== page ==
Laura Barrett

Laura Barrett
Over the past two years, classically trained pianist Laura Barrett has emerged as one of the most interesting musicians to call Toronto home. While she’s gone on to join bands like the Hidden Cameras and Henri Fabergé and the Adorables on a full-time basis, it really is Barrett’s solo work that makes her such a compelling figure. Her devotion to the kalimba — otherwise known as the "thumb piano,” of African origin — as her primary instrument certainly helps her stick out among other quirky indie rock contemporaries, yet it’s really Barrett’s fascinating and innovative approach to writing songs that bolsters her use of novel sounds.

As her 2005 EP and the new EP Ursula suggest, Barrett is certainly an eager and curious musician and her compositions feature bemusing lyrics and soundtracks. While she presents both with colloquial ease and cheer, Barrett’s work is quite influenced by her formal education in both music and language. Barrett began studying piano when she was about eight years old, and in university she earned a degree in English and linguistics. By both building upon orthodox theories and being cognizant enough to reject their rigidity, Barrett has come into her own as a cleverly inquisitive songwriter.

"Linguistics offers up a lot of technical information about sound and, if you have all that in your head when you’re trying to write a phrase, it might stop you from trying something interesting,” she explains. "At the same time, you can always explicitly break rules and know that you’re breaking them.” It may have been the rebel in Barrett that first sought out the kalimba, though, in some respects, her initial interactions with the ancient African device read like a comedy of errors. In January of 2005, Barrett was trolling eBay looking for midi controllers for some instrumental electronic music she was writing. Instead, she ended up bidding on a kalimba, and much to her delight, she won. "Somehow I must have changed some search terms or something and thumb pianos and kalimbas came up; I bought one on a whim basically,” she laughs.

While it is now generally relegated to an option in any rinky-dink keyboard’s sound bank, an authentic kalimba is essentially a box with a metal bridge that suspends a series of metal tines, which are struck to create different notes. Traditionally, the kalimba is played with thumbs and fingers, though Barrett herself uses her thumbnails. As she strikes each tine, the box vibrates and, through trial and error, she’s discovered that larger boxes generate a richer sound. "I tried to find out whether anybody had put any kind of sheet music or transcriptions of thumb piano music online but that’s pretty difficult because it’s all transmitted person to person, through an oral tradition,” Barrett explains. "So I had to come up with my own way of doing things.”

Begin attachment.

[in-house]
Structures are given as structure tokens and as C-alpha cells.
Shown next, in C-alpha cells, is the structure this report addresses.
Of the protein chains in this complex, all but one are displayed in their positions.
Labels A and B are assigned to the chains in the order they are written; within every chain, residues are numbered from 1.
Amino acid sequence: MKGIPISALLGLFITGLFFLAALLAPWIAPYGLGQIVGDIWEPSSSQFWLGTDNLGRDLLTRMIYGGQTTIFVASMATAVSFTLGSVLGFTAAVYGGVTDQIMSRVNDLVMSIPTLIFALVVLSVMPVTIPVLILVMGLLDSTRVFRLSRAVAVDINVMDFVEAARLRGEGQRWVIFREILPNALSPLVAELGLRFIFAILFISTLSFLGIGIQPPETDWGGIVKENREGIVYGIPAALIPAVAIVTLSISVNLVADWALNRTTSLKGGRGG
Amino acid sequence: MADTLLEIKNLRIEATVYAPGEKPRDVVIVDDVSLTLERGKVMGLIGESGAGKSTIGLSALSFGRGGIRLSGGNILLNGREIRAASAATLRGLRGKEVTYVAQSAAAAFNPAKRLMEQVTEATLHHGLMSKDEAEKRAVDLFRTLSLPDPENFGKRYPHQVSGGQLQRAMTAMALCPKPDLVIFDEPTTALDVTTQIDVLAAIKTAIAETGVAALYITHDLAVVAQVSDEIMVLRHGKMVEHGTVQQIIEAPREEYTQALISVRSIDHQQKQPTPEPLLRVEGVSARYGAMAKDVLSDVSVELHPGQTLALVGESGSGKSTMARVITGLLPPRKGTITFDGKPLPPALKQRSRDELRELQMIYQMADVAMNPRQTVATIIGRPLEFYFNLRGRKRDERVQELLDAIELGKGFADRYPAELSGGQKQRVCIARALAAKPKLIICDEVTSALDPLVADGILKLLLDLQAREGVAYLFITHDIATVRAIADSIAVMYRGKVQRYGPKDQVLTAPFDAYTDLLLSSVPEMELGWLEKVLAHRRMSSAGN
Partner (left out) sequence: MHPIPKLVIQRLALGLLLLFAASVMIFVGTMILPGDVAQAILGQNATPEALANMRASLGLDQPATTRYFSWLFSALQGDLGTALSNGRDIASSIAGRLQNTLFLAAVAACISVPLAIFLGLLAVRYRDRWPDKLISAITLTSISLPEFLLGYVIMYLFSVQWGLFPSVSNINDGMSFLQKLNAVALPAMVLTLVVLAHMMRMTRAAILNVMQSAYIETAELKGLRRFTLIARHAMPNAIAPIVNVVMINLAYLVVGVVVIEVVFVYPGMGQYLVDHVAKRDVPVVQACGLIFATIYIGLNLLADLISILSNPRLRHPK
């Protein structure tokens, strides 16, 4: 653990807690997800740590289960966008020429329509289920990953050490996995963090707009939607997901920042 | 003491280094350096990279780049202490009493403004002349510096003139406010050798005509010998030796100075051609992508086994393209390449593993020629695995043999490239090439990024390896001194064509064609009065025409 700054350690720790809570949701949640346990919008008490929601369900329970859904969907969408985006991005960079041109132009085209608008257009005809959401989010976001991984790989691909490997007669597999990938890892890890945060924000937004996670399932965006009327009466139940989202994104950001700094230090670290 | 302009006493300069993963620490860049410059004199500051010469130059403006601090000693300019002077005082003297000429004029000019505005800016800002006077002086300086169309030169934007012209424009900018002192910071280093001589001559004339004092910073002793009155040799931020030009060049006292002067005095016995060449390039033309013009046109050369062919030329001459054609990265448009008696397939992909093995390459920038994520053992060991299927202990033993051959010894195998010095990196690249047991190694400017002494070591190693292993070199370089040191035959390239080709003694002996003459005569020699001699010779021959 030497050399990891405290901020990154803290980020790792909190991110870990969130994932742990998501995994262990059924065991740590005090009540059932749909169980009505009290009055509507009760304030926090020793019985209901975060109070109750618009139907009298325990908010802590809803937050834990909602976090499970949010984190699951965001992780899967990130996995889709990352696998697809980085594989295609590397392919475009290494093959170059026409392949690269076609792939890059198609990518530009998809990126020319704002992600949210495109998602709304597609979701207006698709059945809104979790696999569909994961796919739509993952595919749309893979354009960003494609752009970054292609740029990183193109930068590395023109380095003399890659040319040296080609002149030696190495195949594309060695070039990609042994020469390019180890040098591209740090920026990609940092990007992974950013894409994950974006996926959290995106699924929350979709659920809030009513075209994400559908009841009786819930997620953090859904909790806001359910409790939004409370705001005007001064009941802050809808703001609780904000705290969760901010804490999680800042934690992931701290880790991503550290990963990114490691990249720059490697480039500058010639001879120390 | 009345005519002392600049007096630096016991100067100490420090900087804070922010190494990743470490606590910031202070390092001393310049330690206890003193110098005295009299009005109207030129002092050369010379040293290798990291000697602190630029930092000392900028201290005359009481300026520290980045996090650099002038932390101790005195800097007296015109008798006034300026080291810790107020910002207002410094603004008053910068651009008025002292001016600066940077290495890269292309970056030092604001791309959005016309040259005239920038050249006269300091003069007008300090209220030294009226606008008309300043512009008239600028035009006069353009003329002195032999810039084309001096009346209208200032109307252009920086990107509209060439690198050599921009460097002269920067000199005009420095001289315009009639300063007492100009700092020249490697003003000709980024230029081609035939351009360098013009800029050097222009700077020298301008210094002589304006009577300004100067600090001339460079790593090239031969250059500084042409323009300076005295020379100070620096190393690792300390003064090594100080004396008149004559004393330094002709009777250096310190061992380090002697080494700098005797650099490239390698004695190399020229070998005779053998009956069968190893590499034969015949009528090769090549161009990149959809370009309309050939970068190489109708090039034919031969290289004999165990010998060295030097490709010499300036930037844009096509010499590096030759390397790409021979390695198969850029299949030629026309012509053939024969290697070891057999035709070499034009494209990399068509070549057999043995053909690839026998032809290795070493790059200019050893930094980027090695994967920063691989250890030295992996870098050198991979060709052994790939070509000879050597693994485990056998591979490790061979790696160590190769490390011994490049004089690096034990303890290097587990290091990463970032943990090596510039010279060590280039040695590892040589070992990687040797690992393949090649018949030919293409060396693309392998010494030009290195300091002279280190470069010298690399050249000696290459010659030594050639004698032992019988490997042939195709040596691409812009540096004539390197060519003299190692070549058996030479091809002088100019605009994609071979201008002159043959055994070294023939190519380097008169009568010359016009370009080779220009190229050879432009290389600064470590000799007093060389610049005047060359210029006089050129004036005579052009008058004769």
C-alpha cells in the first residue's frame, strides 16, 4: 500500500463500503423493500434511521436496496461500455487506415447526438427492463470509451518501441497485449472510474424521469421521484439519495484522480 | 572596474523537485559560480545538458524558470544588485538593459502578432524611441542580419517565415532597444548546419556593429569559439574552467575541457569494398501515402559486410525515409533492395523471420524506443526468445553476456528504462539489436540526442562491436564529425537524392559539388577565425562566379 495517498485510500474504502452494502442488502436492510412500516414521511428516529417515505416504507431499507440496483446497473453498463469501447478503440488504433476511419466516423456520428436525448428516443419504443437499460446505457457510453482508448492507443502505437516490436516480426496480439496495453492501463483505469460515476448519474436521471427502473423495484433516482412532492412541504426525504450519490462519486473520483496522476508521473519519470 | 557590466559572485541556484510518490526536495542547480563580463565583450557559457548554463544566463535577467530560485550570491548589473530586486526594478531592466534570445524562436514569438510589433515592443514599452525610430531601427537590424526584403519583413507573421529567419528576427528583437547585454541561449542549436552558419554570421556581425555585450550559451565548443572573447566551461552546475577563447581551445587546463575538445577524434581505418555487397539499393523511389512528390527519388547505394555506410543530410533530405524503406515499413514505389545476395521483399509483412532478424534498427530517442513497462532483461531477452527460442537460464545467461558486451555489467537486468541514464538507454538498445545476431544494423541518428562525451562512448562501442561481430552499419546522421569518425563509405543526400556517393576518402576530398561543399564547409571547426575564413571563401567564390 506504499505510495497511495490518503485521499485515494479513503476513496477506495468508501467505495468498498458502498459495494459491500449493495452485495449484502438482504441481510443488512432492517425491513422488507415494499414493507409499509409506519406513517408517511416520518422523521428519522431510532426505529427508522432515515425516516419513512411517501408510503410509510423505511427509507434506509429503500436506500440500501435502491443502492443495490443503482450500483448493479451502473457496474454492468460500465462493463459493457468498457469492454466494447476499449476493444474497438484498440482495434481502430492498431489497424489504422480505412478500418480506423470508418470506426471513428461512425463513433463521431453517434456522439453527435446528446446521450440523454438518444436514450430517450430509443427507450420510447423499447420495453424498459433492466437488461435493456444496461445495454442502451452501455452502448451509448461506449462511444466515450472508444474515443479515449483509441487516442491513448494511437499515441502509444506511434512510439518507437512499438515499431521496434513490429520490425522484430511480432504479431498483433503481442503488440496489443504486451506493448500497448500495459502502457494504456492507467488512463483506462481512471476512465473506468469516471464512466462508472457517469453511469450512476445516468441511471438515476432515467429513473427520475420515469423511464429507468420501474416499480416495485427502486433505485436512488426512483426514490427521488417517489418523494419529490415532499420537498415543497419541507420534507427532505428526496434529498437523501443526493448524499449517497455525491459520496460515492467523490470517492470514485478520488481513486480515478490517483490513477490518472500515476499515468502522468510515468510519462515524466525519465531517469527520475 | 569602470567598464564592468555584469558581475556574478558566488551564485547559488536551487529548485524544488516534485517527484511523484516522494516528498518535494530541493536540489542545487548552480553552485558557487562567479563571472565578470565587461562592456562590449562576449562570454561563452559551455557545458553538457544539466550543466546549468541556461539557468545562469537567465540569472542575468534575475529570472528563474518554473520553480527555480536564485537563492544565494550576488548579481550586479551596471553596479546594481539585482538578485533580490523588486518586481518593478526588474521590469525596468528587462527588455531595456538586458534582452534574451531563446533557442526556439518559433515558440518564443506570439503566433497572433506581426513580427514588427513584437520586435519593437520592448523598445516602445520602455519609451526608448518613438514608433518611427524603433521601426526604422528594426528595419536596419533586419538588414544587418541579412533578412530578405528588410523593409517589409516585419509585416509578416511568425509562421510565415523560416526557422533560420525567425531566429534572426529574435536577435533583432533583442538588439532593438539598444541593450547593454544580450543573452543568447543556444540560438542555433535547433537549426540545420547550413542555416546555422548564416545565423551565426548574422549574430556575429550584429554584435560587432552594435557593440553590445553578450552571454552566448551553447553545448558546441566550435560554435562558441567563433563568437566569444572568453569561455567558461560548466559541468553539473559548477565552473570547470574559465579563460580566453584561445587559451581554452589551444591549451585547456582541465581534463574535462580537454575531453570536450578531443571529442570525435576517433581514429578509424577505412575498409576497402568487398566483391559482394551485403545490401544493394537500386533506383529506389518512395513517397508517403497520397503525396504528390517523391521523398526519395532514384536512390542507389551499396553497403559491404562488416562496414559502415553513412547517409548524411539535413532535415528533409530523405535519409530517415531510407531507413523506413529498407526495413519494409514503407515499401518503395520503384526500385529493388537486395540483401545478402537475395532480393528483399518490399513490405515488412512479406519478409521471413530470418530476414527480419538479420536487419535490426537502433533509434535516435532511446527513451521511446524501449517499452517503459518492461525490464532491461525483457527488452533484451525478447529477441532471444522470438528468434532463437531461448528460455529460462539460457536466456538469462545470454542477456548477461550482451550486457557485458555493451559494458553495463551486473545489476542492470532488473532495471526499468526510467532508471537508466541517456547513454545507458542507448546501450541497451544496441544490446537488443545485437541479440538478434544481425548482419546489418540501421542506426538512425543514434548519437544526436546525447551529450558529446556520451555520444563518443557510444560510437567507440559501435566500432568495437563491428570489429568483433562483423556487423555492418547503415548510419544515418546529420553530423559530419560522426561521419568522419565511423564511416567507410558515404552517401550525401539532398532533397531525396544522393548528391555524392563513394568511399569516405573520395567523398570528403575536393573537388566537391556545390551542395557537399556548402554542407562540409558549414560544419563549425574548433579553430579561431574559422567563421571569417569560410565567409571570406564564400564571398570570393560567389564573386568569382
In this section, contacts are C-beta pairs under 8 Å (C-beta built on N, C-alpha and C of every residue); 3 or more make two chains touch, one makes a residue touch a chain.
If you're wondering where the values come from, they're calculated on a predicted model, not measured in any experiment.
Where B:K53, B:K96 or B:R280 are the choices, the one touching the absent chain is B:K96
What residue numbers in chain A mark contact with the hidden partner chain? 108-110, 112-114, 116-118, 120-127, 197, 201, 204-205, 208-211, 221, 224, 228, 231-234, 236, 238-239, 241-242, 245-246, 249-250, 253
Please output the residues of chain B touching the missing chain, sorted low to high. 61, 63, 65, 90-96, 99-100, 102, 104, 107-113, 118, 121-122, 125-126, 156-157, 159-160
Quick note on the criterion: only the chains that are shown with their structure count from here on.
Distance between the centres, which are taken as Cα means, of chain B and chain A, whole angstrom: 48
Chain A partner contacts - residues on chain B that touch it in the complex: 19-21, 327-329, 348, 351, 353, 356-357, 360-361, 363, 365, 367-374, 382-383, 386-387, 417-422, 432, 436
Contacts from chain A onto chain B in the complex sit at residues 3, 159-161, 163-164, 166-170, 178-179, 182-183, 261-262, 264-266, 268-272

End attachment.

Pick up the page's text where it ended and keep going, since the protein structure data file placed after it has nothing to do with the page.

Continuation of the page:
After fiddling for a few months, Barrett saw a thread on the Toronto-centric message board, stillepost.ca, about a "Weird Al” Yankovic tribute concert taking place. She dutifully prepared a cover of "Smells like Nirvana” on kalimba, and was surprised by the warm reception she received. The event spurred a monthly theme night at a now-defunct Toronto bar called the Bagel, and Barrett was eager to participate again. "The next one was robots and I wrote ‘Robot Ponies,’” she says, referring to one of her most endearing cult hits. "I couldn’t think of an appropriate cover that made sense on the kalimba but I still wanted to play it and it just went from there.”

Barrett has since purchased four more kalimbas to ease her experimentation with different tunings and has augmented her sound with midi compatible bass pedals. She’s quick to point out, however, that these additions have little to do with the inherent limitations of the kalimba. "There are a lot of ideas in my head from certain cognitive science or linguistics courses that I’ve taken about combinatorial explosion and how it doesn’t matter how few options you have because you can use them in an infinite number of ways,” she explains. "So really, the size of the kalimba is a minor limit to the amount of creation that’s possible using it. It’s like a language; there’s a limited number of words but with a few rules about how to talk and communicate with other people, you can make new sentences that have never existed.”

"Part of the attraction of the kalimba, or any instrument that’s not the piano, is that I’m not already stuck in the patterns and routines of what my classical music instruction has taught me about what music sounds like or what’s ‘right’ and ‘wrong,’ So, playing the kalimba has been a very exploratory journey for me. It’s hard to do something for a while and not get caught in the patterns but I’m trying.”